by Trey Campbell, email@example.com
You ever feel like you sometimes become a different person, perhaps to relate to others? That you bend who you are to suit the person or group you’re with? Like a chameleon, changing who you are in front of others – even if just ever-so-slightly?
You’re either genuine in your interactions with others or you’re not. Chameleons come in many colors – all dependent on their environment. Either way though, they change their colors. They do it to blend in. It’s one of God’s awesome creations. Don’t we metaphorically do the same thing? While they may do it for survival, we tend to do it for ourselves in one of two ways.
Currently, my Life Group is reading the book Beautiful Outlaw by James Eldredge. Eldredge briefly talks about how he finds himself adapting to his surroundings and makes a point regarding how we sometimes change because we care too much about what others think:
“What people think of me” is a very powerful motivator. It is still shaping us more than we’d like to admit. It shapes our theology, our politics, our values. I spent time today with a young man in the music industry; why did I use the term “dude” more than I usually do? Before that, I was speaking with a woman in ministry; I never used the term “dude,” but I did talk about “the Lord” a good bit. I feel like a chameleon. I “adapt” myself to the social foliage around me.
Eldredge talks about the first of what I would identify as two types of chameleons – those who adapt to relate in order to have them like you. Eldredge owned up to doing this, and I will too – because I’m also guilty. But there’s another type of chameleon we can find ourselves being.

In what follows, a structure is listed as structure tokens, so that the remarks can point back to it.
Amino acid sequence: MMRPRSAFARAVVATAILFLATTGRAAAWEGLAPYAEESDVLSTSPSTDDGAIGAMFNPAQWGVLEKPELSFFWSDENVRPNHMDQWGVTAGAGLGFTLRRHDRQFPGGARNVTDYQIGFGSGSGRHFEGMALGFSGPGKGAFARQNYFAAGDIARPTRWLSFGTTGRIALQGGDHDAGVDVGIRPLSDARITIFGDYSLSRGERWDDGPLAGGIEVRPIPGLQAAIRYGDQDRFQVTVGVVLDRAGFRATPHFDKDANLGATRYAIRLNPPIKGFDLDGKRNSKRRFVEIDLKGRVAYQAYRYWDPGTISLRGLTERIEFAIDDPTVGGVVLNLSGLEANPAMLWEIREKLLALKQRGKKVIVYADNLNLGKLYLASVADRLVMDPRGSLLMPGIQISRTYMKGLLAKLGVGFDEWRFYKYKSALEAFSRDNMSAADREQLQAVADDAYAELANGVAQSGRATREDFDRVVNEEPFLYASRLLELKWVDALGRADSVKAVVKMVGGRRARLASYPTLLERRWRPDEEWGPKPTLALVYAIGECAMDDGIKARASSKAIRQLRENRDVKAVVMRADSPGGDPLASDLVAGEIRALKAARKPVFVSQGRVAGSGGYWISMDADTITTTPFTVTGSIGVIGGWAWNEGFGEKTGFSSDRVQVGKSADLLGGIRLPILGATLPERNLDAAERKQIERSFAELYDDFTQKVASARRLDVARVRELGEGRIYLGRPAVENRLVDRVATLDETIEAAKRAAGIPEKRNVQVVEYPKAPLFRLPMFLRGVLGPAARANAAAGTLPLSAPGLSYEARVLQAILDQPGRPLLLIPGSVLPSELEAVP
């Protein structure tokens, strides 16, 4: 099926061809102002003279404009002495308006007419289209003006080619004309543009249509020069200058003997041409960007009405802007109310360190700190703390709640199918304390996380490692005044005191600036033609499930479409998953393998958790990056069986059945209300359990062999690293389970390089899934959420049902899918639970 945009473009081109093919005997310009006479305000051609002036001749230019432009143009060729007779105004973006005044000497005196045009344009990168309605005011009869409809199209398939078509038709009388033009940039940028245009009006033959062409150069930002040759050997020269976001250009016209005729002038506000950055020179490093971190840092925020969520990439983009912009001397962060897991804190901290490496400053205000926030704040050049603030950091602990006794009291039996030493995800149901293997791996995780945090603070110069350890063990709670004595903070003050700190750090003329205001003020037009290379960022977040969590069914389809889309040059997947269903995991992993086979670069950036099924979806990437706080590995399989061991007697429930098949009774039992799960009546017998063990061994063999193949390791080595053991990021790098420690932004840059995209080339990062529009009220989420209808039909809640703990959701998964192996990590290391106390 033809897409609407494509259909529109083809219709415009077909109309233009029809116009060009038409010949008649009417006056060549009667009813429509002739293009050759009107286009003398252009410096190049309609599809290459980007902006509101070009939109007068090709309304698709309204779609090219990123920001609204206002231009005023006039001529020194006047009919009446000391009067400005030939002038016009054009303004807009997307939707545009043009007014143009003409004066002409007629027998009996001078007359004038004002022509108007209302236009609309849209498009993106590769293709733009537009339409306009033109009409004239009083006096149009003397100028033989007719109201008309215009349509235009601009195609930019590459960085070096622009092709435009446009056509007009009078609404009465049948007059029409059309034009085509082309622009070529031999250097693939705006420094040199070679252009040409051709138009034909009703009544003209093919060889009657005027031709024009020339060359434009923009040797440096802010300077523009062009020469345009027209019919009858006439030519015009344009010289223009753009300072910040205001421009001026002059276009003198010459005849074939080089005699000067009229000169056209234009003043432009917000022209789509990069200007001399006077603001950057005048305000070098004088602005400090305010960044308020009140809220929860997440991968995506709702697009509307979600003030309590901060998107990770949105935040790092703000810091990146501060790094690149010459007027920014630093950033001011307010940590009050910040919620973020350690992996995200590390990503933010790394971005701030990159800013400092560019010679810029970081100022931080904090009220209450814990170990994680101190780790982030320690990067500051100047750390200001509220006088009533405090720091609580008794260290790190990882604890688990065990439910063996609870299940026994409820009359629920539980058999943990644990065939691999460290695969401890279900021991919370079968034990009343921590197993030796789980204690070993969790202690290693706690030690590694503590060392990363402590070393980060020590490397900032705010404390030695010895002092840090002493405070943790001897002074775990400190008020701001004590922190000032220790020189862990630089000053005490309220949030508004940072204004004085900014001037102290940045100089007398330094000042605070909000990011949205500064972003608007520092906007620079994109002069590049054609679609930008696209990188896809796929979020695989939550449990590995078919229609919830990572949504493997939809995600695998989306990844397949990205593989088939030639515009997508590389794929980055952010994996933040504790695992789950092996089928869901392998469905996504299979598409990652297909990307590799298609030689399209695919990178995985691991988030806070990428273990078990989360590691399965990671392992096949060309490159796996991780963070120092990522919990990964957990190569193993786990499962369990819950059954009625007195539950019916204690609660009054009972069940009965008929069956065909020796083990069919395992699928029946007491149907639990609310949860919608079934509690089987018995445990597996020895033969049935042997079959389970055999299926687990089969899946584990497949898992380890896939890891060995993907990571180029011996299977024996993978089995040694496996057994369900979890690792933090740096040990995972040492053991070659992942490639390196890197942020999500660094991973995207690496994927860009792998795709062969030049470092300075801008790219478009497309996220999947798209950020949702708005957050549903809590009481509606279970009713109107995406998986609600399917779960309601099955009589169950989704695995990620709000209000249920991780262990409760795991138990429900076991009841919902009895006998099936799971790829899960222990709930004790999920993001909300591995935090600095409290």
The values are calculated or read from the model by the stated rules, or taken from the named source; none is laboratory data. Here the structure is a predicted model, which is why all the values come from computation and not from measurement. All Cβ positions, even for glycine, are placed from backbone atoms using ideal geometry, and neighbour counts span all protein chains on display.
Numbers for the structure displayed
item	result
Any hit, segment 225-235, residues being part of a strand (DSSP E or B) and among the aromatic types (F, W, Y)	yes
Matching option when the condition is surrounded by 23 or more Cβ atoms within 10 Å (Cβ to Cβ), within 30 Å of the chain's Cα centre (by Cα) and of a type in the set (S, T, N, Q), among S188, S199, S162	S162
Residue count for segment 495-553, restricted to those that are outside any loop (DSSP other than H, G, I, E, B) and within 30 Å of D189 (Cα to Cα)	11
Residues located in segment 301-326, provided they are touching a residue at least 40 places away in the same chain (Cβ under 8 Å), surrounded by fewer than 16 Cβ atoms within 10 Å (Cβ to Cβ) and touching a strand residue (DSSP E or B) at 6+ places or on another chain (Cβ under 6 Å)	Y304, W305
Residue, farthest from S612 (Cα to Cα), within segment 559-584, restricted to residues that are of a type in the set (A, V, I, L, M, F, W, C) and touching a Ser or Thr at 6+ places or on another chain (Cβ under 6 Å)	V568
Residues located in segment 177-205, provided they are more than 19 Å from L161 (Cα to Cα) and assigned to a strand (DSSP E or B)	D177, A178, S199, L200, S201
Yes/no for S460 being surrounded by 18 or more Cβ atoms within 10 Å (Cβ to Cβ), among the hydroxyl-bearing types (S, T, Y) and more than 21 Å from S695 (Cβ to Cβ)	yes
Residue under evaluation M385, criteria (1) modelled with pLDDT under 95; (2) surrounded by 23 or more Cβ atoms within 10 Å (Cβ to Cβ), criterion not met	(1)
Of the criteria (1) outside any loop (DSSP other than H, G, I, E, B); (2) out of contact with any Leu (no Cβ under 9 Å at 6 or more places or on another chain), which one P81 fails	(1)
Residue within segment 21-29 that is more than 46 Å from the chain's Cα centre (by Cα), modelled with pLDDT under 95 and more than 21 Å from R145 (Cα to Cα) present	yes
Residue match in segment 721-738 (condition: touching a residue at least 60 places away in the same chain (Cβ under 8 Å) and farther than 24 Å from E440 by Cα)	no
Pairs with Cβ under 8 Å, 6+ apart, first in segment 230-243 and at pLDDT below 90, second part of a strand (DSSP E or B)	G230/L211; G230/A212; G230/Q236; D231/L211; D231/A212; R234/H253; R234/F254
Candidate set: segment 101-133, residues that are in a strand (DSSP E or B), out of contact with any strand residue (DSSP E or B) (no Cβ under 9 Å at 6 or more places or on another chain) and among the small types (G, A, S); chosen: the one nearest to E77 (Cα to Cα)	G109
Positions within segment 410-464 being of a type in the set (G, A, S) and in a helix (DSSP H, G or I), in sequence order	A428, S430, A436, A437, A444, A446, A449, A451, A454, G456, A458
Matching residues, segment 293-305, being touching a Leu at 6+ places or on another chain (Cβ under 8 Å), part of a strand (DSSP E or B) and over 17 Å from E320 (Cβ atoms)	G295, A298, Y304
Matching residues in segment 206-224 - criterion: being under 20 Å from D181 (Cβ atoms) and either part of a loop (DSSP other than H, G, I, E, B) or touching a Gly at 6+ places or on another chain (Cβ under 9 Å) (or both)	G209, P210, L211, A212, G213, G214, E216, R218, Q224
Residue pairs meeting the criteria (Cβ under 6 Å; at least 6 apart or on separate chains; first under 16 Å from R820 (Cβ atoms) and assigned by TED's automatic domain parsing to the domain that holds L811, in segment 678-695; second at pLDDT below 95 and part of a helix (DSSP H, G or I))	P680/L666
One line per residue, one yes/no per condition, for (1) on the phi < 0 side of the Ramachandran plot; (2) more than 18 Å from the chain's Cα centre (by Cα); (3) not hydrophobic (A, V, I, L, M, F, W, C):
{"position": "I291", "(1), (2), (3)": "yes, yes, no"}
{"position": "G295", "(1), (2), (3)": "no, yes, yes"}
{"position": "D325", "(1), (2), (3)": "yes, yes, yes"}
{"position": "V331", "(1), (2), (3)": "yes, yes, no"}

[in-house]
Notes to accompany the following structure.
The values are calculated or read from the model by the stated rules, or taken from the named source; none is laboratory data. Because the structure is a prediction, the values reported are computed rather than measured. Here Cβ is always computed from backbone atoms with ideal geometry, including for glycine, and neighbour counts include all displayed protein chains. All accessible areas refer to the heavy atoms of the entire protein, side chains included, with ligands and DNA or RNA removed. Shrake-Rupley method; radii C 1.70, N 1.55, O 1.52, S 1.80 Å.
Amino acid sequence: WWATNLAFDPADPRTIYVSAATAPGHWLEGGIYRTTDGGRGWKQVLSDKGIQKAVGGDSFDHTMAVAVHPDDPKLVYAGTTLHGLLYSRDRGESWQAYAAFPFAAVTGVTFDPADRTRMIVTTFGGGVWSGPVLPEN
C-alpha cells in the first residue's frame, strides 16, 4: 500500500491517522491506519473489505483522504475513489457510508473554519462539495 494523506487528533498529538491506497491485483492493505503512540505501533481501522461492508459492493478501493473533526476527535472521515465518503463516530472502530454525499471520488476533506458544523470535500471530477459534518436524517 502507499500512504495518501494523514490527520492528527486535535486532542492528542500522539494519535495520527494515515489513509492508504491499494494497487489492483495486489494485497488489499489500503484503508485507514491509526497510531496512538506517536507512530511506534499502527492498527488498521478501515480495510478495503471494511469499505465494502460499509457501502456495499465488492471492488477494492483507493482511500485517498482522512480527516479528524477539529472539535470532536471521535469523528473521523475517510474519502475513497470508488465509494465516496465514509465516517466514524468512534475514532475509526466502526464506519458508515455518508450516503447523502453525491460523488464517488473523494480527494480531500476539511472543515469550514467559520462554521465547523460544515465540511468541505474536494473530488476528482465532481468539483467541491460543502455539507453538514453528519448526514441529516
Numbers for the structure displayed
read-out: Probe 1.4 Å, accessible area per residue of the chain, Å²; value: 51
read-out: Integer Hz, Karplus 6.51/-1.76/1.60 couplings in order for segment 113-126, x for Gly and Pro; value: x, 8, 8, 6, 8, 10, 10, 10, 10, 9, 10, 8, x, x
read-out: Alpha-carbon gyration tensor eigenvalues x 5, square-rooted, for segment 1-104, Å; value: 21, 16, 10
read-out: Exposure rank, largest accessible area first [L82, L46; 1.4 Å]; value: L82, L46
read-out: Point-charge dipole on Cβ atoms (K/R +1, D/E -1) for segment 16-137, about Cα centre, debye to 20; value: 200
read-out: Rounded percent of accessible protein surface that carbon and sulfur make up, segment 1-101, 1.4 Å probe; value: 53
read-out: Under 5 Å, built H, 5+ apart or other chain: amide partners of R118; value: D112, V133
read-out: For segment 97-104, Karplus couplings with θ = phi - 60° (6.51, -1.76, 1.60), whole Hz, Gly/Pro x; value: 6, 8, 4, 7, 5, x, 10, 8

At Southwestern Advantage (my workplace), our Director of Leadership Development, Lee McCroskey, has a training session called “Becoming a Chameleon.” Being a sales-based company, you can understand why we would train our independent sales force to sell to people the way they want to be sold. This makes perfect sense in the world of sales because you must establish a rapport that leads to trust. What this means is their behavior, attitude and emotions are identified and, in turn, somewhat mirrored or matched. People feel more comfortable buying from people like them or in the same emotional state as they are. This is adapting to the sales environment (like a chameleon adapts to its surroundings…).
I use to struggle with being a “chameleon,” believing I was not being myself. But then I realized: I’m not putting on a false front. Just like a chameleon changes with surroundings, I change with time and the situation. We all do. My goal each day is to relate, understand, show empathy, and share commonalities with each audience I address. The only reason I’m grounded as much as I may be in the colors I front, is because both at the beginning and end of the day, I give it all up to Jesus. When I sway, he steadies me. When I fall, he catches me. When I sin, he forgives me. And when I change my colors, I trust he will have the right colors for me.
Keep in mind Paul admitted to being a chameleon – as noted in 1 Corinthians 9:19-22 (below). Notice how he adapted to the people he was with in order to share Christ. As a Roman citizen, he chose to live differently in the presence of others.
Even though I am a free man with no master, I have become a slave to all people to bring many to Christ. When I was with the Jews, I lived like a Jew to bring the Jews to Christ. When I was with those who follow the Jewish law, I too lived under that law. Even though I am not subject to the law, I did this to bring Christ to those who are under the law. When I am with the Gentiles who do not follow the Jewish law, I too live apart from that law so I can bring them to Christ. But I do not ignore the law of God; I obey the law of Christ. When I am with those who are weak, I share their weakness, for I want to bring the weak to Christ. Yes, I try to find common ground with everyone, doing everything I can to save some.
Yes, just like James Eldredge, I adapt to the “social foliage” around me. While it often comes with the territory of my career, I will tell you this: While I may bend who I am, I don’t break – just like Paul! And that’s because I have a Savior who has saved me! Be who you are – the person God made you to be. If you change your colors, do it because you are growing into new colors, not to camouflage the real you God made in his image.